Nanorod Arrays and Advanced Thin Film Materials for High Performance Lithium-Ion Batteries:
Increasing demand for compact and light-weight power sources with high energy and power densities from consumer electronics has triggered the search for alternate materials for use as intercalation hosts in lithium ion batteries. Various thin film deposition techniques are currently used for the preparation of both metal oxide and carbon based electrodes for lithium ion batteries. These are particularly interesting when envisaged for microbattery applications where both the anode and cathode are fabricated as thin films.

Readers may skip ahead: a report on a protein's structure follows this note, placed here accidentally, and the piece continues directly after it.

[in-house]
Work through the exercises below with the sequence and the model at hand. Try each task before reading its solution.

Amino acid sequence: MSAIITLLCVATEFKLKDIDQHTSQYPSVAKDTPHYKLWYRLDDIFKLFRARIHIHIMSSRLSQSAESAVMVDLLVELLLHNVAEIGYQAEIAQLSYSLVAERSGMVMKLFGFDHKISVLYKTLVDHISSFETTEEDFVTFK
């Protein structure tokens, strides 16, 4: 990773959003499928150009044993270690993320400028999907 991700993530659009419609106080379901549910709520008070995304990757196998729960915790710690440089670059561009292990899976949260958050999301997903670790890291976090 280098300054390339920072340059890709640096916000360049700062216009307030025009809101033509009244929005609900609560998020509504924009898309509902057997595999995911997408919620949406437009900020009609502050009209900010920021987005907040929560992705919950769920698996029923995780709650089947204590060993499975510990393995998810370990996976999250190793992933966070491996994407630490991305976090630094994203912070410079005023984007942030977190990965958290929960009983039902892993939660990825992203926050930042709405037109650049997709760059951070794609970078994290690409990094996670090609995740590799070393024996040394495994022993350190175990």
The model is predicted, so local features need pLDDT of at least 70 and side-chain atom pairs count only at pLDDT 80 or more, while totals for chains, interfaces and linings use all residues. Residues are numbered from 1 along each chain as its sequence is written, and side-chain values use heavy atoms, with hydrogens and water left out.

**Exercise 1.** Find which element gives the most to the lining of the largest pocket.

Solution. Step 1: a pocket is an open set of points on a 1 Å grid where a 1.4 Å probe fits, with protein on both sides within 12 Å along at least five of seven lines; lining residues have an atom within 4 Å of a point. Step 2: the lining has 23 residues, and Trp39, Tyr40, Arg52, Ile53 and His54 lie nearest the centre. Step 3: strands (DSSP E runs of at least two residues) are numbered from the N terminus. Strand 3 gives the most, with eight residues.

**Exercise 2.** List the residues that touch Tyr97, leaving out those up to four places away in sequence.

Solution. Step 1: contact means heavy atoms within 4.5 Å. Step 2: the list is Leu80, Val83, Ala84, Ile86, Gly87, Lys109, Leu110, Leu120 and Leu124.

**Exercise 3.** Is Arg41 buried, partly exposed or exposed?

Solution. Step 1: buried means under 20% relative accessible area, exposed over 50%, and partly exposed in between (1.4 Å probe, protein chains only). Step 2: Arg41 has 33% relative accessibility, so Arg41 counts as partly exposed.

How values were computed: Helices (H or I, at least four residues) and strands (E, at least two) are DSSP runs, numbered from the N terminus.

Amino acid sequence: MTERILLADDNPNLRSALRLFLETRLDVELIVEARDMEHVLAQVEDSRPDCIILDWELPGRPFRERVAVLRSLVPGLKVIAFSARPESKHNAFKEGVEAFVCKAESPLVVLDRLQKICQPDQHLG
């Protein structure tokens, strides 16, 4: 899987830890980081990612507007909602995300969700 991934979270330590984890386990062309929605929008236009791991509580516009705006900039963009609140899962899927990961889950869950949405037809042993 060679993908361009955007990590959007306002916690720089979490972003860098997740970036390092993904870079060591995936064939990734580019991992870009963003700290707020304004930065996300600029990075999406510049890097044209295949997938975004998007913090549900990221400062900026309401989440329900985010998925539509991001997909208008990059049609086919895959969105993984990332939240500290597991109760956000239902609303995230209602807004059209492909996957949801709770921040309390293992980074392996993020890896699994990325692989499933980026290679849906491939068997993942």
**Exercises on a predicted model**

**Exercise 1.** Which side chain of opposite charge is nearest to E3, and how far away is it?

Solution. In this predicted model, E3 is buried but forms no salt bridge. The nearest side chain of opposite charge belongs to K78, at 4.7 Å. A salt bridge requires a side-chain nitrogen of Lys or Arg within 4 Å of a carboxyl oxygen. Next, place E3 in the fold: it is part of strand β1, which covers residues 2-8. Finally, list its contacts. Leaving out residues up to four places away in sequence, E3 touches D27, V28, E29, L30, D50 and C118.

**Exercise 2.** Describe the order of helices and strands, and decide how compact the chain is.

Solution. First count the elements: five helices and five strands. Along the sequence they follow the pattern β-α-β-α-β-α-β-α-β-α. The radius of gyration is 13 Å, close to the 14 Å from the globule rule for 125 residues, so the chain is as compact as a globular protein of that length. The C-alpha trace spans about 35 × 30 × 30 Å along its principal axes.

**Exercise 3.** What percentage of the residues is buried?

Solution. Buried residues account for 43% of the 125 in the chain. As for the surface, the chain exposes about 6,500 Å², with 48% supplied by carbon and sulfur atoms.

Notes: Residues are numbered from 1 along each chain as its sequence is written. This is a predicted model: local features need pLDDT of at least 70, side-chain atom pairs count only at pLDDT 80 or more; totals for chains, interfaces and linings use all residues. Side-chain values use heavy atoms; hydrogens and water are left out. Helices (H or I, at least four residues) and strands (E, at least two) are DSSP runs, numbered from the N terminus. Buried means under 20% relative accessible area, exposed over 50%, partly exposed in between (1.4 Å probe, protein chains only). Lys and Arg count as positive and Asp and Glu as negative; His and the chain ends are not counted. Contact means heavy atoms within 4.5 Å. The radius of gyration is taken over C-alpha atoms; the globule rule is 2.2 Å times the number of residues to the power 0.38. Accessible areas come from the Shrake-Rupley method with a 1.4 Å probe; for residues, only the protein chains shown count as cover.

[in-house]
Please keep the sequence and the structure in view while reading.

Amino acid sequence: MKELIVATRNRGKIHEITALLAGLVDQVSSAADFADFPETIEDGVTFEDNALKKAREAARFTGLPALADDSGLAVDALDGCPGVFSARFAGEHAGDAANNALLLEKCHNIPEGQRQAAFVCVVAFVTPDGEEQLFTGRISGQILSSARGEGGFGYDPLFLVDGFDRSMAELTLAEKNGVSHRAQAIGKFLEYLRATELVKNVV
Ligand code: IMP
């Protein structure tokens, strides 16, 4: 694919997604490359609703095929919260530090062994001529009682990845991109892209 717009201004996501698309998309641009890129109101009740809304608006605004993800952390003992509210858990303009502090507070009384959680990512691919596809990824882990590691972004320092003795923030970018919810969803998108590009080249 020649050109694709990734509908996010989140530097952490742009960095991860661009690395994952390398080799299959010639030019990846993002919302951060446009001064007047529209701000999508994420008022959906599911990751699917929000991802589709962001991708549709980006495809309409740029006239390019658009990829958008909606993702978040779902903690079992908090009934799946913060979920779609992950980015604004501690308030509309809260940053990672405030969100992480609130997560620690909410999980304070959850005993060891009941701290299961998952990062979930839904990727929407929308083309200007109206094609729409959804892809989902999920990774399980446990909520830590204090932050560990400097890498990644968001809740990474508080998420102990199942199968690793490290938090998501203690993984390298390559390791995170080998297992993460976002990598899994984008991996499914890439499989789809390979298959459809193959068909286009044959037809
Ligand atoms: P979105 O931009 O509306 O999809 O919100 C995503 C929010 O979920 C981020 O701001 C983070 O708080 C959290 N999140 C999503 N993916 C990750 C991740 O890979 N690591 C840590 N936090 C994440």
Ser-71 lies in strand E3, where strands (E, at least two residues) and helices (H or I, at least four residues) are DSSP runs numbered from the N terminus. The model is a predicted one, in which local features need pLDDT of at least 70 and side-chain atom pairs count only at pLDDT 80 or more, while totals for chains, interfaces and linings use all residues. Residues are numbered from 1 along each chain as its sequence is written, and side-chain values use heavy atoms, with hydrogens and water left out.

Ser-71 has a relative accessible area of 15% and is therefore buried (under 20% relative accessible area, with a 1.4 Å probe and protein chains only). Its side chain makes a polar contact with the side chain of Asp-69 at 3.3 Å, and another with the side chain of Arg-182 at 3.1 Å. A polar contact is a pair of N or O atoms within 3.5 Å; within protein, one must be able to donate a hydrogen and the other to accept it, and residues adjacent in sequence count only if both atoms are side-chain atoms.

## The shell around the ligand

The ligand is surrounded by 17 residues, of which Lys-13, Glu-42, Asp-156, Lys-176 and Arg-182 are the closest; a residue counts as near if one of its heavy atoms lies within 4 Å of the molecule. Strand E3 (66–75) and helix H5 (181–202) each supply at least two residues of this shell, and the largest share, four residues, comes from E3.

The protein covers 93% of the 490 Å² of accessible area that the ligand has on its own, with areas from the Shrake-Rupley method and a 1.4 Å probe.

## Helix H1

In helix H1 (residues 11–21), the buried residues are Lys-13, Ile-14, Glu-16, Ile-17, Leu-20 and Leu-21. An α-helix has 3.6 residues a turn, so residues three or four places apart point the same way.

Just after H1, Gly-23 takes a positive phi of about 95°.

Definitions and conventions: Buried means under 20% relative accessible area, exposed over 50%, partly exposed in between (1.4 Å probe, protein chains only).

In acollaborative project with Dr. Bingwing Wei at University of Delaware, amorphous carbon films and nanorods (Fig. 1) were deposited successfully on Cu foils by our GLAD sputtering technique in our labs and their electrochemical performance as lithium battery anode was studied. The deposited films were extensively characterized using XRD, SEM, AFM and step profilometer for the structural and surface properties. The hydrogen content of the synthesized films was studied using residual gas analysis (RGA). Electrochemical performance was evaluated across Li metal at 0.2 C rate in a non-aqueous electrolyte. The electrochemical performance of the carbon films show unusually low irreversible capacity in the first cycle with a reversible capacity of ~ 810 mAh/g, which is at least 2 times higher than that of conventional graphitic carbon. For the first time in literature, we reported an amorphous carbon showing such a high reversibility in the first cycle, which is very much limited to the graphitic carbon. Predominantly, the low hydrogen content and the low specific surface area of the synthesized amorphous carbon film are considered responsible for such a high first cycle columbic efficiency. The growth mechanism and the reasons for enhanced electrochemical performance of our carbon coatings were also investigated.